Selling your Business

Deciding to sell your business may be one of the most important decisions you’ll ever make and probably the hardest. When business is good, your income ample, your work interesting and the future appears promising, you may ask yourself, “Why sell?” Some reasons may be retirement, a decline in health, the desire for more free time, the situation of not having an heir, partner problems, or a decision to relocate. We as humans, have a wide range of reasons to sell which are not always as the buyer sees it.

The right time to sell your Business

Simply stated, the only time a business can be sold for a favorable price that will enable a seller to realize the highest return on their investment of time, money, and sweat equity, is when conditions surrounding the business are strong and the future is promising. When you sell your company, you’re in a position to 108 Strategies For Successfully Buying Or Selling A Business realize at least three important benefits. First, the sale will allow you to eliminate the risk and uncertainty associated with small business ownership. Second, the sale converts the equity and goodwill you presently hold in your company into cash. Cash in itself delivers a third benefit, namely, that you’ll be in a position to pursue new and alternative opportunities in both your business and personal life.

Preparing your company for sale is almost as important as the sale itself. You’ll sell your business only once, therefore you’ll want to plan for it very carefully. Getting the best price for your business is not simply a matter of “driving a hard bargain.” Numerous factors must be considered in addition to your readiness to sell, including the money market, buyer’s interest level, the current profit levels in your trade or industry, how your business is presented, and how the sale is structured.

Preparing the Business to Sell

The first thing you’ll want to do if you’re a business owner contemplating selling your business is to prepare it for sale. Don’t forget, most buyers will be basing their purchase price for your business on a capitalized value of your available cash flow. Your assets such as inventory, equipment, real estate, etc., don’t mean much of anything if your business isn’t making money...

This preparation should take at least a year to maximize the sales picture and minimize the expenses. Most business owners get a little lazy as time goes on, and don’t pay as close attention to business details as they did when they first started out. Let’s talk about some of the things that you can do to better position your business for sale:

• In the year or two before you put the business on the market, do an aggressive sales campaign to build up your sales picture. Call those old customers/clients and resurrect them as active customers. Run some special sales to attract new customers. The goal is to increase your sales figures without a significant increase in your costs. You don’t take any unreported cash sales out of the business, do you? If so, you may want to stop this practice to improve sales and profits. Also, if you admit to a buyer that you’re cheating on your taxes, how’s the buyer going to trust you?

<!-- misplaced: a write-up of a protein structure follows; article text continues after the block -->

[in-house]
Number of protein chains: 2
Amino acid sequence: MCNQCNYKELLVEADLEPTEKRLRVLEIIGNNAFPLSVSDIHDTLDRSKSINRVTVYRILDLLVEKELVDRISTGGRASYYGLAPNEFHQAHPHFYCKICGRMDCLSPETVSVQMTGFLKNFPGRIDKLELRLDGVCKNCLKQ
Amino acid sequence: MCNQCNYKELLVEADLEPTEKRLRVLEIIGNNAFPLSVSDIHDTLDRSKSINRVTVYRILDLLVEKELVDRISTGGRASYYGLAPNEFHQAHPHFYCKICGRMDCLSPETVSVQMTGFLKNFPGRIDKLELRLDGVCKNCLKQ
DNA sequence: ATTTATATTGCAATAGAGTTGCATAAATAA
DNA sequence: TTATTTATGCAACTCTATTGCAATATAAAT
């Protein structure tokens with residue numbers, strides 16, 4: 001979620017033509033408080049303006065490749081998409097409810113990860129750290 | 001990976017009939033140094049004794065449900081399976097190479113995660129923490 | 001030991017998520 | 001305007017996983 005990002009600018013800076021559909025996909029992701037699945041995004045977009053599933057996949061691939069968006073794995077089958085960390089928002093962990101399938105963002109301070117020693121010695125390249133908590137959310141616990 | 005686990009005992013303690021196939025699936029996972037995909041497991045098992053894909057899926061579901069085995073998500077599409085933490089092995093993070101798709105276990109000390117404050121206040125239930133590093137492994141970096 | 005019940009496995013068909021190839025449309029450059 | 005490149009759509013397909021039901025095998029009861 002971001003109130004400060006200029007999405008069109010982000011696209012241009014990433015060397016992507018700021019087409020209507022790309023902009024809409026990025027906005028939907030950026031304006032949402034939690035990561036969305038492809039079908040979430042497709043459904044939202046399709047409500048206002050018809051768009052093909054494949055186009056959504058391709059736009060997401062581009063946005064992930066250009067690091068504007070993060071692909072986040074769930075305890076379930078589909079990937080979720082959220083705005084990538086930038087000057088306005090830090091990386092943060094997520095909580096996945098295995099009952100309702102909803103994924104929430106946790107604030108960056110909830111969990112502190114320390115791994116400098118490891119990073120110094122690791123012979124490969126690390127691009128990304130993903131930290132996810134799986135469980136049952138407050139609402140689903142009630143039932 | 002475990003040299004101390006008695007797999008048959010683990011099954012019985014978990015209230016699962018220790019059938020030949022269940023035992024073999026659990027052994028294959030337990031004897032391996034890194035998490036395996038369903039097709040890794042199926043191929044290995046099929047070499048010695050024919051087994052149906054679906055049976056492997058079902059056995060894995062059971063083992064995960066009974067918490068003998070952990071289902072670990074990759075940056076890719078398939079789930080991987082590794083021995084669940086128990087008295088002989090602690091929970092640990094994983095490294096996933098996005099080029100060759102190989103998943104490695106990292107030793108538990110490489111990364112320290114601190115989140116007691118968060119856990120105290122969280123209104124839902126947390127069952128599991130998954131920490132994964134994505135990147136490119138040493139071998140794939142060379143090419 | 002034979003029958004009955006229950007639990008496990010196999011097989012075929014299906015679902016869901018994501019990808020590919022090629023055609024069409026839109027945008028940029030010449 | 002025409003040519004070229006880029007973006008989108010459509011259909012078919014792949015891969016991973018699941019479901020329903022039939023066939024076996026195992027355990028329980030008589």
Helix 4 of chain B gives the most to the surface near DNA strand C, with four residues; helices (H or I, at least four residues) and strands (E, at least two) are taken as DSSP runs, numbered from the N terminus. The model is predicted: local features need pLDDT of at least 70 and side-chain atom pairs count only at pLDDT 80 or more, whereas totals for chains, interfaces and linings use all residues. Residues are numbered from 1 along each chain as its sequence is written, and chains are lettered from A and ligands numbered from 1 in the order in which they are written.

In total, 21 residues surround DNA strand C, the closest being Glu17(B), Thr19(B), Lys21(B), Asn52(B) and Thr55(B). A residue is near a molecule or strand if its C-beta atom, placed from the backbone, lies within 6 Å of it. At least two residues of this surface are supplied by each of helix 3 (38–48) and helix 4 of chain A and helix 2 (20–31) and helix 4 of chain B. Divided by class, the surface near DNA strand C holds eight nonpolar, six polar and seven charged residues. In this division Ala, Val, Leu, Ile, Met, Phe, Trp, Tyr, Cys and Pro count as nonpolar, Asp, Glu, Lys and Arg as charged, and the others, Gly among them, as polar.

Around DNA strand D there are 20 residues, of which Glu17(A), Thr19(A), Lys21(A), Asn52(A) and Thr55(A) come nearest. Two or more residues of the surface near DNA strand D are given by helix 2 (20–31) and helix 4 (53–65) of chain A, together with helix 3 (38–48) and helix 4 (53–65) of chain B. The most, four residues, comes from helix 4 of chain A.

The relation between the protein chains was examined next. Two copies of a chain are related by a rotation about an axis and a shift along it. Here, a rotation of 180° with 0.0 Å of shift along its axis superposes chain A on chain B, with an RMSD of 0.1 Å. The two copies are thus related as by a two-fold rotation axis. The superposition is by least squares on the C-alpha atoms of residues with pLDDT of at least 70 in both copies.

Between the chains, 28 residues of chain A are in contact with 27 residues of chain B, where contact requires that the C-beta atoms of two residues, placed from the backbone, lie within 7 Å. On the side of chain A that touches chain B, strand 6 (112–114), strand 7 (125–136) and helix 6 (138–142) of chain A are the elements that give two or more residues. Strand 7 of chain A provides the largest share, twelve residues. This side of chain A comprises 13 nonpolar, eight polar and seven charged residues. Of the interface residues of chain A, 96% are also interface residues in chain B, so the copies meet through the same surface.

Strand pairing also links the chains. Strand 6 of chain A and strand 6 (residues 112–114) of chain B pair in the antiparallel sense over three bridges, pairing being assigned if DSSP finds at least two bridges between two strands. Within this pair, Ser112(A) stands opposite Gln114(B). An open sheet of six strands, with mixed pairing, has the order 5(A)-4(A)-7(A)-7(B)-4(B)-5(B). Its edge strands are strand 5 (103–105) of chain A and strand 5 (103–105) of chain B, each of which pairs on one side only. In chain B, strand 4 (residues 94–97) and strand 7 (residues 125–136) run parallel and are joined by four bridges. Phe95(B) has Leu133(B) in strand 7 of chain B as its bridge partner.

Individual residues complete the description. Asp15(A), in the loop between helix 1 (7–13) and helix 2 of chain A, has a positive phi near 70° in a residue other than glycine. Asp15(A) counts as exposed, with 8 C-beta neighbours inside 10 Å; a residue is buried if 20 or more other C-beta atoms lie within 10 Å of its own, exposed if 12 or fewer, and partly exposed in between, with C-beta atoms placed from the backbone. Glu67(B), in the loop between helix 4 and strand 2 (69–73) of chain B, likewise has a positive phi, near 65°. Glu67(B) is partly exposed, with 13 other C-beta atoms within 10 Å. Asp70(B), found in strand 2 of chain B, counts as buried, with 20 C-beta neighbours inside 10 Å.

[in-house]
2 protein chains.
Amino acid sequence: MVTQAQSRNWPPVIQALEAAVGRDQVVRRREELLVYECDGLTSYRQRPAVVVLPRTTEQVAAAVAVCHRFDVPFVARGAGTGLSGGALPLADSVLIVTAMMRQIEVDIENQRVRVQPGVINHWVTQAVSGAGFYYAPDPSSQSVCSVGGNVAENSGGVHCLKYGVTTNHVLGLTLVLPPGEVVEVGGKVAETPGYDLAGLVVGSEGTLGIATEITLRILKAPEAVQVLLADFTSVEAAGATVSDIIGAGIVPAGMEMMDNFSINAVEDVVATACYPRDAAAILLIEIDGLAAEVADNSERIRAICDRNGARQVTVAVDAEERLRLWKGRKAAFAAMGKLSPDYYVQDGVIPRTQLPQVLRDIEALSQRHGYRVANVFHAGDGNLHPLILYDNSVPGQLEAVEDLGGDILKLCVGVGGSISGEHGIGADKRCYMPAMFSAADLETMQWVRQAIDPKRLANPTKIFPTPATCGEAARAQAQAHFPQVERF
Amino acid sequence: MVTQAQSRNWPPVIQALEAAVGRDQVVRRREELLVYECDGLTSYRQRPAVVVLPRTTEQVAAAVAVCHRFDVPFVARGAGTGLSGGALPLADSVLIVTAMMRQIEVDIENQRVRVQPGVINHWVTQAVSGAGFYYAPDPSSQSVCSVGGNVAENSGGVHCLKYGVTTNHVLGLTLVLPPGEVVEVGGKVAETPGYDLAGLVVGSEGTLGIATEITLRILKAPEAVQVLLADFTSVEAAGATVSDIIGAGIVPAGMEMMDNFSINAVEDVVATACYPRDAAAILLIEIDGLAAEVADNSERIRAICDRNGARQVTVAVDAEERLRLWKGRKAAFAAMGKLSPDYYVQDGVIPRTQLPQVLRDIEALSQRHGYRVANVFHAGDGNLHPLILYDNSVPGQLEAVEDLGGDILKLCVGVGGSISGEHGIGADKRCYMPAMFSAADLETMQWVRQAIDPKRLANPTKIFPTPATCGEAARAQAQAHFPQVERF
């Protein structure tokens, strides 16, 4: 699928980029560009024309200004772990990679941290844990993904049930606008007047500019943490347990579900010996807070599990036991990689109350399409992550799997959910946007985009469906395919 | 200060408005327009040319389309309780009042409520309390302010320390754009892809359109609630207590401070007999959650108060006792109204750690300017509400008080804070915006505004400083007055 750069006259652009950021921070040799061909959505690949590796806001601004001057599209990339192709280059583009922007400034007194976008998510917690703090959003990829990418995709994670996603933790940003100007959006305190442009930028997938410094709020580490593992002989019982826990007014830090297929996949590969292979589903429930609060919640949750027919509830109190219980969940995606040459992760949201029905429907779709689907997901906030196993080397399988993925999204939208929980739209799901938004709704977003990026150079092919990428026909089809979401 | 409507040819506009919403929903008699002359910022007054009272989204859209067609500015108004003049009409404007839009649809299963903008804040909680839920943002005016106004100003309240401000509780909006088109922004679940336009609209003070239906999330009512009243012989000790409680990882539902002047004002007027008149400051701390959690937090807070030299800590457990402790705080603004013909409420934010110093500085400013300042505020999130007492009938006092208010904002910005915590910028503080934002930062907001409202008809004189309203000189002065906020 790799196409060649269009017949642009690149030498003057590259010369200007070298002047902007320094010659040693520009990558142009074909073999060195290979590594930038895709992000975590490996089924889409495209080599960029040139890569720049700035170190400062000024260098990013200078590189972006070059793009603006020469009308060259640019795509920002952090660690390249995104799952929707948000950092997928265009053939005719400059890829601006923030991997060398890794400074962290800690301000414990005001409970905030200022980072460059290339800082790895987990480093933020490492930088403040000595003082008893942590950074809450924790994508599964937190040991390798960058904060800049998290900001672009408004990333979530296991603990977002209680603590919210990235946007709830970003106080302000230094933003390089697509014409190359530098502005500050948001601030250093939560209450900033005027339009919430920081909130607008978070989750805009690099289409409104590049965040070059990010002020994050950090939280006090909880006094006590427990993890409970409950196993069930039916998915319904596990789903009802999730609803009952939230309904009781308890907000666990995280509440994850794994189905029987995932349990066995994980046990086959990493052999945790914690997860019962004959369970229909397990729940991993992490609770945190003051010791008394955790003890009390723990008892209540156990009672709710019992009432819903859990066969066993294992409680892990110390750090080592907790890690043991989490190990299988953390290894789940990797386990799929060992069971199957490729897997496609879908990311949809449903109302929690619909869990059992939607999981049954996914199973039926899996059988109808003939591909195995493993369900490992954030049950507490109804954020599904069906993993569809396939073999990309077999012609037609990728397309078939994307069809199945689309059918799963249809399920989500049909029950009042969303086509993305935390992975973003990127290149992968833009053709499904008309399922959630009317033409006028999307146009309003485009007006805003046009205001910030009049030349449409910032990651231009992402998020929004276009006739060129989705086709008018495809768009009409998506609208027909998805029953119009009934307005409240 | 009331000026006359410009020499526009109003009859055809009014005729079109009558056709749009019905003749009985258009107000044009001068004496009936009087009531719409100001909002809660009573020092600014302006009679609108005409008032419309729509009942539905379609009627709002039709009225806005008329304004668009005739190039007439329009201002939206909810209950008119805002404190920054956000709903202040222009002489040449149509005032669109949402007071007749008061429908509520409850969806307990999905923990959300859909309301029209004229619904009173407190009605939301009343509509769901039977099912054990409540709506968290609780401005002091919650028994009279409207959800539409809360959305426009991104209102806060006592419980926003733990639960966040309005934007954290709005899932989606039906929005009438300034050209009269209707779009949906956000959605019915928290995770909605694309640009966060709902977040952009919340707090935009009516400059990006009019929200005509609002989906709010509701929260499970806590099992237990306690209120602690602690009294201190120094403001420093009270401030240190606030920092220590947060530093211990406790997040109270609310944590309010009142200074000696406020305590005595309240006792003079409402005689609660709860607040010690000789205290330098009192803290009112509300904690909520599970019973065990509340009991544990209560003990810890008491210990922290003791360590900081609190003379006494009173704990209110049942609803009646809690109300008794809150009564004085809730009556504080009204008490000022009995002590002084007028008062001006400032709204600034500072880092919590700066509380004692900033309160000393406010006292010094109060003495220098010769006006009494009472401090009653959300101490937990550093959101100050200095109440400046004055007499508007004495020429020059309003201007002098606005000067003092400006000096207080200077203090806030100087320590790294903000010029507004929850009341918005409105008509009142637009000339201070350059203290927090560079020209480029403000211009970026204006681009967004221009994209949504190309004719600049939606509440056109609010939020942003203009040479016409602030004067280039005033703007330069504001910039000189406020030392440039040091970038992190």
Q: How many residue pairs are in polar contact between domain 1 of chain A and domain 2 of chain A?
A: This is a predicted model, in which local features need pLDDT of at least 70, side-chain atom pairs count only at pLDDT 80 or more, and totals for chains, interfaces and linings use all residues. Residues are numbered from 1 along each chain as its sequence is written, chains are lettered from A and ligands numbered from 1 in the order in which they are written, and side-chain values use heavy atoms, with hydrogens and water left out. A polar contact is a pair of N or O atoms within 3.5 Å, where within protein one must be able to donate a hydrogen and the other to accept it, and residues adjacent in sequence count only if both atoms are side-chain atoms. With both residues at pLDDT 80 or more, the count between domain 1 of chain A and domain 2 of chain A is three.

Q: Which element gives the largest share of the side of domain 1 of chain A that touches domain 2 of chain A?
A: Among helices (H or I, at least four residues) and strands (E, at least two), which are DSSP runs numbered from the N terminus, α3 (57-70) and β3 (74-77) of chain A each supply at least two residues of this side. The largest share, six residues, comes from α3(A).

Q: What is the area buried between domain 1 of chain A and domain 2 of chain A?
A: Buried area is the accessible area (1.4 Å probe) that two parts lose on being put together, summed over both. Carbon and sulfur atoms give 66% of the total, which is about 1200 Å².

• The most common area is probably in the expenses. Do you still have your relative on the payroll as a favor to some other family member?

Most good business brokers and appraisers can reconstruct an expense sheet to “recapture” unnecessary but legitimate expenses for the purposes of improving the net profit for increasing the sale price of your business. The seller should take a hard look at those other expenses that could be eliminated.

For example: – Unread periodical subscriptions, unused fraternal memberships, outdated advertising, etc. Some businesses are able to “find” thousands of dollars this way. – Company vehicles used mostly for personal reasons – Unnecessary “business” trips to vacation areas for conventions, sales meetings, etc. – Any other expenses of a personal nature that tend to creep into the checkbook of the small, closely held business

The following information may give the seller some other good ideas on how to position the business for sale:

• Bring your inventory up to date with only good salable merchandise by clearing out old stock through special sales or other incentives. The buyer generally won’t buy tired old inventory, so you might as well convert it to cash. It’ll also increase the revenues for the business which in turn, may improve the overall value of the business.

• Freshen up your accounts receivable by going after those old receivables that have been hanging around. Usually, any normal 30-day account that is more than 90 days old may be a problem. Consider offering the slow paying customers incentives to get their accounts current with you. If you do this during the year before you offer your business for sale, you’ll generate additional revenues that will enhance the valuation of your business.

• As harsh as it sounds, this is probably a good time to take a long hard look at your work force. Consider replacing any problem, high-paid employees at lower salaries, if possible. Are all of the employees really needed? The year or two before you plan to sell is the best time to downsize your work force if it has become out of proportion to your business revenue. Obviously, if the same amount of sales can be generated by a smaller work force, then the business profitability goes up and therefore, the overall value of the business goes up when it comes time for you to sell.